True. Baskets have disappeared from Alpine racers’ poles too.

I suspect for aerodynamics? And potential for whacking gates? Swing weight might be important for alpine skiers, I don’t know, never having done it. But for nordic skiing, you are swinging and planting your poles many, many times over the course of an event - poles are just as important (although less complicated) for propulsion as skis, and swing weight is noticeable.

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Thank you. I’m six feet. I’m told my Rapidfire wants a 230. I have an OK quality 260 and it seems huge. I think the manufacturer recommends a Kalliste 230 bent shaft as ideal but I can’t see starting with a bent shaft (\$500 experiment). I was thinking I need an adjustable 220-240 since as a single blade guy I don’t want to lock myself out of the high angle option. Everyone seems to like the Werner Camano. Bending Branches also sells a wood/carbon 220-240 that seems like it should be good enough for me.

Interesting subject. Everyone seems to be after the lightest possible paddle, but I don’t really fully understand it. For example, if you need a hammer for a job, do you go to the lightest one or the one that feels right for the job. As others said, weight means inertia and it can be utilized to one’s advantage.
Plus there are other factors. One of my paddles is a Werner Shogun white water paddle. It’s really heavy, somewhere in 1100-1200 range. But it’s only 194 cm and has buoyant foam core blades. In a stroke it feels much lighter than the weight suggests. Overall I find it quite comfortable including long distance.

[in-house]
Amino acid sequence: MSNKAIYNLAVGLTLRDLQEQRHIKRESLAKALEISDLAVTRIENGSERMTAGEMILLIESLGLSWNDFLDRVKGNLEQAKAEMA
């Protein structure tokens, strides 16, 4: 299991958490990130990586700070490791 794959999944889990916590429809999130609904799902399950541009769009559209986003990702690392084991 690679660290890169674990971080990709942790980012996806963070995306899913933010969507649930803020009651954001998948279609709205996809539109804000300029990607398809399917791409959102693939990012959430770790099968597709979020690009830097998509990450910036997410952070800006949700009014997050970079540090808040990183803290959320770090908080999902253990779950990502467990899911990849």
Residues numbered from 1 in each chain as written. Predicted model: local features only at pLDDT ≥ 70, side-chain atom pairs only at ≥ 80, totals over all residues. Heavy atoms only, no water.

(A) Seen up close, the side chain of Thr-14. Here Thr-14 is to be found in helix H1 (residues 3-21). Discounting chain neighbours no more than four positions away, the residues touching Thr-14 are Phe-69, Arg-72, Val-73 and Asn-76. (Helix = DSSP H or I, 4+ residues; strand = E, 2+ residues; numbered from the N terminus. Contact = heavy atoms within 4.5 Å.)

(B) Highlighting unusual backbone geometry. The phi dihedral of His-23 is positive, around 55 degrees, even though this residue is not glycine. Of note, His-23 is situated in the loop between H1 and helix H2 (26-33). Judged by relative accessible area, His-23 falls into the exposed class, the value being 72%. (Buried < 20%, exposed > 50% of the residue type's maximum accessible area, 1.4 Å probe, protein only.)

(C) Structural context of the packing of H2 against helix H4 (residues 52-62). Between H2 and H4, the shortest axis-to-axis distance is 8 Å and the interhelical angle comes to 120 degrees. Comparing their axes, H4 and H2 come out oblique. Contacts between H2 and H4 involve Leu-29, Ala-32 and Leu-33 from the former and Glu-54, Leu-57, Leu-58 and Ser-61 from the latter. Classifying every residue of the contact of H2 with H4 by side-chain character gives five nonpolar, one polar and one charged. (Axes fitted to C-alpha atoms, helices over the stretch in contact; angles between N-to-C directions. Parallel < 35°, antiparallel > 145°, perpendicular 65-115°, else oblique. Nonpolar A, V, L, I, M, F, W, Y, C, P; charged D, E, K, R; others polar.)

I used to own a fairly heavy Gearlab greenland which I preferred over their lightest model, which felt pretty unnatural and I generally I did not like how weightless it felt. The weight distribution and buoyancy of a greenland make their scale weight numbers mean something different compared to other types.

I also use an Epic wing paddle, that on paper is the lightest of all my paddles (~670 g). In a stroke it does not feel lighter than my current 800g Gearlab or the Shogun. The blades are a lot larger and grippier so the overall feel kinda gets blurred by higher stroke effort (and as a result significantly higher speed).

I think it’s harder to be more definite than “depends”. It’s all a function of a paddler, technique, a paddle and prior history. Best is to try living with different kinds and see where it gets you. The stroke shape is a living breathing thing that constantly changes so what felt certain way in the past may not feel the same now. For example when I switched to the Shogun after a greenland, it felt like a big whooping blade. But then I switched to a large blade wing. Whenever I use Shogun now it feels like an easy blade.

Plenty of truth there. Your hammer analogy is a good example. I’d probably choose a lighter one if I were planning to hammer smaller nails all day vs powering through a few big ones.

I think that also “depends”. If one takes time to use different hammers over time, one can develop a “hammer dexterity” allowing for efficient use of even a heavy hammer to nail small nails all day long. Which is kinda where I ended up gravitating as my blades seemed to get larger over time. But I suppose one can move the other way and figure out how to use a small hammer for heavy jobs as well. The physics of water do allow for a variety of approaches.